Local incentives attract manufacturing jobs to Conroe

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Job growth in Conroe is outpacing Houston-area employment growth—especially in the manufacturing industry, which employs the most people of all local private sectors, according to a 2017 report by the Greater Conroe Economic Development Council. On the other hand, the U.S. Bureau of Labor Statistics shows growth in the tech sector has been fairly stagnant in comparison.

Thirteen of Conroe’s top companies—those that employ more than 100—are in its manufacturing sector in 2018, which is the most top employers in any one sector citywide according to the GCEDC. Only two sectors in Conroe employ more workers than manufacturing: public agencies—including the city of Conroe, Montgomery County and the San Jacinto River Authority—and education, which is solely Conroe ISD.

In October, energy industry materials supplier Tenaris restarted its Conroe plant at Hwy. 105 and FM 3083 after a three-year suspension of activity, bringing 100 jobs to the area.

“Our Conroe facility is playing an important role in the resurgence of U.S. manufacturing,” Tenaris U.S. President Luca Zanotti said in a press release.

Meanwhile, Conroe Industrial Park North is home to seven of the top 13 manufacturing employers. With 27 total businesses already having claimed space in the industrial park, which has been growing its footprint since the 1990s, the city spent $23 million to add another 610 acres to it spring 2018.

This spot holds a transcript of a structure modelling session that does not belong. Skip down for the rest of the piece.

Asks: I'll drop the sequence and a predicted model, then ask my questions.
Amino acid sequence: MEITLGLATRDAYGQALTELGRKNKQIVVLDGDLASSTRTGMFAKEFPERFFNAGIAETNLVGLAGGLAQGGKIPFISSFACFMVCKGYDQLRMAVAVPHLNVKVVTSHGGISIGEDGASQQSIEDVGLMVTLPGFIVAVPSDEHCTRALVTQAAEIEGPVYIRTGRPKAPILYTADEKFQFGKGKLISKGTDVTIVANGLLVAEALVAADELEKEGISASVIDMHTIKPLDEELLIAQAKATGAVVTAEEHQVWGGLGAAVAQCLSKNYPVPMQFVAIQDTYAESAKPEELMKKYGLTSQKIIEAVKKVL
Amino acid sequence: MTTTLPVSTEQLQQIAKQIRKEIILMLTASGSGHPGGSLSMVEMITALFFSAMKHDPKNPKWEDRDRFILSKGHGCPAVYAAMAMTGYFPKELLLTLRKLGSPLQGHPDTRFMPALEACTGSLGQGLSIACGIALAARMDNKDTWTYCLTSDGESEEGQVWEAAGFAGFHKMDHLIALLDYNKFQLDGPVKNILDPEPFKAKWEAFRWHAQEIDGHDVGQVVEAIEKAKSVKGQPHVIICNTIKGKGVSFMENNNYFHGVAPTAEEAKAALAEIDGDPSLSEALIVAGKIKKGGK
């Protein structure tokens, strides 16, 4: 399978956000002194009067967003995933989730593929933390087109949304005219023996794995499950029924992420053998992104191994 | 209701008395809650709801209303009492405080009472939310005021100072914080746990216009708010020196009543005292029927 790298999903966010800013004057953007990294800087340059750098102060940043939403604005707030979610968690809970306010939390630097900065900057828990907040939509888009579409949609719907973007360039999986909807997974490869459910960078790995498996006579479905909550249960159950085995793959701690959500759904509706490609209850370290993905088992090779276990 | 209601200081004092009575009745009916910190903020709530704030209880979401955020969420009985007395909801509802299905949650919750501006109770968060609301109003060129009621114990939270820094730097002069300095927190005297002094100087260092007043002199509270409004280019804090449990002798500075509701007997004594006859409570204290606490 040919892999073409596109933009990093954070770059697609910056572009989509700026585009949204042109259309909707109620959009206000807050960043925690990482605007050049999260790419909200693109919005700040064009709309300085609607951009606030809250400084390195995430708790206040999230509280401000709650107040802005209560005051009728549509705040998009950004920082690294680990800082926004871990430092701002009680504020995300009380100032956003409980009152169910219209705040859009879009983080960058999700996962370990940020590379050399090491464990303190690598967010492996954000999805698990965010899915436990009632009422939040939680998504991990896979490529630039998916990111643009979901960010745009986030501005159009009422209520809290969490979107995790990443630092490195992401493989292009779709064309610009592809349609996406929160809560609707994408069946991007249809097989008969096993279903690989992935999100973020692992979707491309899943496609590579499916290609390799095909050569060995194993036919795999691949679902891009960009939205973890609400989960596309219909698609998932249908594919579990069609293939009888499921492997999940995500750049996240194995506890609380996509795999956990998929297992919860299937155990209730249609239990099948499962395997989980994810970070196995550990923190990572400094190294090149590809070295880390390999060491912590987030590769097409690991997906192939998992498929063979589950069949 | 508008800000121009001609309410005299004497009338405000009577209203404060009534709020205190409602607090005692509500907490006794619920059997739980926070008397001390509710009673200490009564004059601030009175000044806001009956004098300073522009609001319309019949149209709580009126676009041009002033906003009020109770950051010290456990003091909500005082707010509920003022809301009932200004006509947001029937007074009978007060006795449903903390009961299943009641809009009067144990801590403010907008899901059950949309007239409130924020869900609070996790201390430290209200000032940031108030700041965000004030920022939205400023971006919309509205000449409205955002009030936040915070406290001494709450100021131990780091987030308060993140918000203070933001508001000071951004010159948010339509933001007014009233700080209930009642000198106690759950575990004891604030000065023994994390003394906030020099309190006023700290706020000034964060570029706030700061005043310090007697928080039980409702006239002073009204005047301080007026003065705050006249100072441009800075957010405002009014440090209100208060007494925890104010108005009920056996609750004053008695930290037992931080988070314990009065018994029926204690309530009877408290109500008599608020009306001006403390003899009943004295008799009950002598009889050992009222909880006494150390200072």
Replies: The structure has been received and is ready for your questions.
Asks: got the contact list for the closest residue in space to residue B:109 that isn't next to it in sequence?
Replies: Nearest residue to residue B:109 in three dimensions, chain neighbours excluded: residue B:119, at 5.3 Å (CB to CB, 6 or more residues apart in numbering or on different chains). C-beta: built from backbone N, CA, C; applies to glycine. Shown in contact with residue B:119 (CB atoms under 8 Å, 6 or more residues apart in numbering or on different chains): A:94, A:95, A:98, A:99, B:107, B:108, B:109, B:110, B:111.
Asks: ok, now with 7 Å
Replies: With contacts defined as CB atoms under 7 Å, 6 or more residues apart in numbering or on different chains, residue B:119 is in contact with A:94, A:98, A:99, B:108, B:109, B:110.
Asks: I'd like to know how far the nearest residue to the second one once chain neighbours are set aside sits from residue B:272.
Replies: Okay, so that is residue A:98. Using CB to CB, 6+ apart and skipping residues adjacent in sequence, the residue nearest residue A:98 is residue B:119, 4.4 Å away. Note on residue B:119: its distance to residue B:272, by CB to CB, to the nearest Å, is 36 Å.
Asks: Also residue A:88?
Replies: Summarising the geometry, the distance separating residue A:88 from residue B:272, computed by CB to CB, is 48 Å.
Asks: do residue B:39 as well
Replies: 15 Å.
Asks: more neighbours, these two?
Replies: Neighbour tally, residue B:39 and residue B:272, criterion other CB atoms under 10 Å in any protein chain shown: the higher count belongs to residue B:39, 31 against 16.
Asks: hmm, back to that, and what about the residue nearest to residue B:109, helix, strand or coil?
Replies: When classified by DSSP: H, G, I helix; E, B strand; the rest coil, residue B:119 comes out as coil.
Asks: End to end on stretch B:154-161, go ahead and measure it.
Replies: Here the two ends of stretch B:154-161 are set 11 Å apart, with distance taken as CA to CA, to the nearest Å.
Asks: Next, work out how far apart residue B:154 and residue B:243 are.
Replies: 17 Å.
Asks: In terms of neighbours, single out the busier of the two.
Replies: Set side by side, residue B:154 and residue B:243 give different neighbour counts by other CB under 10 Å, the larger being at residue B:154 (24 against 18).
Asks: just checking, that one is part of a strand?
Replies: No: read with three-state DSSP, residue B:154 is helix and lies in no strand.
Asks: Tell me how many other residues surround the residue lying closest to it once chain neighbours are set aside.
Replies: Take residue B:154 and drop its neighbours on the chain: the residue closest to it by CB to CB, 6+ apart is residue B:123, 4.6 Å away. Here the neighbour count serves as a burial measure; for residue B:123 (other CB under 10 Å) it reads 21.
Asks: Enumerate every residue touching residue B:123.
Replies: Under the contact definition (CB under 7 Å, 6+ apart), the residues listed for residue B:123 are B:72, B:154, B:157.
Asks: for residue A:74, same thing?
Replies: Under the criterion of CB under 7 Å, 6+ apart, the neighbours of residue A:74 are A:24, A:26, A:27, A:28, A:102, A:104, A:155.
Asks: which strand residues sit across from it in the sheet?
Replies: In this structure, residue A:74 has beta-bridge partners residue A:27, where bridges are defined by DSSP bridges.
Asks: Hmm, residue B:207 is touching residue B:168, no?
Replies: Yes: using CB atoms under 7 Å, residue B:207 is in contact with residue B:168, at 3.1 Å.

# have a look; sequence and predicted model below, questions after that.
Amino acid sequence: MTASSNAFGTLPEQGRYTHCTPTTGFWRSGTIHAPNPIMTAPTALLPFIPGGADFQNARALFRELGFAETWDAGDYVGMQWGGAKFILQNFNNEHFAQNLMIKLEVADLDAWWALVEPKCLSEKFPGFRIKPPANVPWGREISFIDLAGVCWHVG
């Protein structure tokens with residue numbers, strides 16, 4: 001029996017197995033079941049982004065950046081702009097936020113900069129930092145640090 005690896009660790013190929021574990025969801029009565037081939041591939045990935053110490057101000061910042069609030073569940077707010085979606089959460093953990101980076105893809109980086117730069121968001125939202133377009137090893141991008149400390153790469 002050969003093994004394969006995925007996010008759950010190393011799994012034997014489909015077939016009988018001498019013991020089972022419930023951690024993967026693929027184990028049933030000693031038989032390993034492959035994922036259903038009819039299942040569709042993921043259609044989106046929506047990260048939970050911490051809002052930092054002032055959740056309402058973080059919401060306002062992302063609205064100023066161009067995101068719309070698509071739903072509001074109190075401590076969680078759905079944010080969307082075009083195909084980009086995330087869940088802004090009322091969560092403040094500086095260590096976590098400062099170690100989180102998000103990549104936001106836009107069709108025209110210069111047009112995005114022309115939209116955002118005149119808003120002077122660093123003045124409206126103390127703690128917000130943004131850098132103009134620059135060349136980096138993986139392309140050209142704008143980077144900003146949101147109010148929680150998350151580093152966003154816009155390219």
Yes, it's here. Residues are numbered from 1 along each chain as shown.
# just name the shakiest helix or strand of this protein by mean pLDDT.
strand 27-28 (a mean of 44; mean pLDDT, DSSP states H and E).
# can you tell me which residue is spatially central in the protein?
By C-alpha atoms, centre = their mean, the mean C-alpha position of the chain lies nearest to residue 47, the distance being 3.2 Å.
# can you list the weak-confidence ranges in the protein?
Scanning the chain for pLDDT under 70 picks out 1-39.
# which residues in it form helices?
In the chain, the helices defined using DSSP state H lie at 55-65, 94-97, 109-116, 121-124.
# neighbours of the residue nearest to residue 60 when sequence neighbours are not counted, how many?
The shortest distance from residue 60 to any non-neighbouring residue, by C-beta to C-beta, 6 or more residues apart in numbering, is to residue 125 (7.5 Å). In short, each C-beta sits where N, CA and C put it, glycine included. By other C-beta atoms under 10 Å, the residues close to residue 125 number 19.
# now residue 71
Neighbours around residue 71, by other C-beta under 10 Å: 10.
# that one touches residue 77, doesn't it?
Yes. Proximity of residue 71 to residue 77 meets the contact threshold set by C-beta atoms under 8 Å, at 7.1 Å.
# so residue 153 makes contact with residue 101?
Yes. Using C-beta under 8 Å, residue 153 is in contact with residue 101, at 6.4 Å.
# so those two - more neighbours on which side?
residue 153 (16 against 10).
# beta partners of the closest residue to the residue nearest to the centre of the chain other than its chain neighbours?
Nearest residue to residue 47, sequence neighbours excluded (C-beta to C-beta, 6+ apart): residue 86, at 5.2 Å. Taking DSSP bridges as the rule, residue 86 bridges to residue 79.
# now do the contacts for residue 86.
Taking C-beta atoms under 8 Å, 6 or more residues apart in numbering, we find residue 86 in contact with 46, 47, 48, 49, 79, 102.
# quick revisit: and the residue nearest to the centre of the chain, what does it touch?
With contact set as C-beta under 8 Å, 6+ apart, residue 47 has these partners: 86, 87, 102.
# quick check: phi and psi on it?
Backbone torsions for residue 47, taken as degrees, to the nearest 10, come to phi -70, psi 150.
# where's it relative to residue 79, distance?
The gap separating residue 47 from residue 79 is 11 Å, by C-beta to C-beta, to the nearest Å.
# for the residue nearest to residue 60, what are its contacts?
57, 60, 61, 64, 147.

Officials said nearly all the companies in the park used local incentives available to new or expanding businesses relocating to the area.

“We’re definitely adding jobs [in manufacturing and skilled trades],” GCEDC Executive Director Danielle Scheiner said. “We’re seeing manufacturing has not gone away—these are continuing to add jobs—and [seeing]even some businesses already here grow and expand.”

Three miles away, the Deison Technology Park stands empty despite $14.5 million spent on the facility and citywide incentives that work well to attract manufacturing business. The tech park has been open since 2013 but has yet to sign a single tenant, although officials say they have received calls of interest.

“I hope 2019 will bring us our first project in the Deison Technology Park,” Conroe Mayor Toby Powell said.

Jobs in the parks

The Conroe Industrial Development Corp. owns the industrial and technology parks, designed to complement each other, and works in partnership with the GCEDC under the supervision of the Conroe City Council to attract and retain business. Both parks’ funding comes from a half-cent sales tax revenue distributed by the CIDC, but officials could not confirm exact numbers invested in the industrial park.

Scheiner said since land has been added onto the industrial park and it is still expanding infrastructure too, costs are difficult to calculate. She said the land is priced according to estimated costs as the park expands.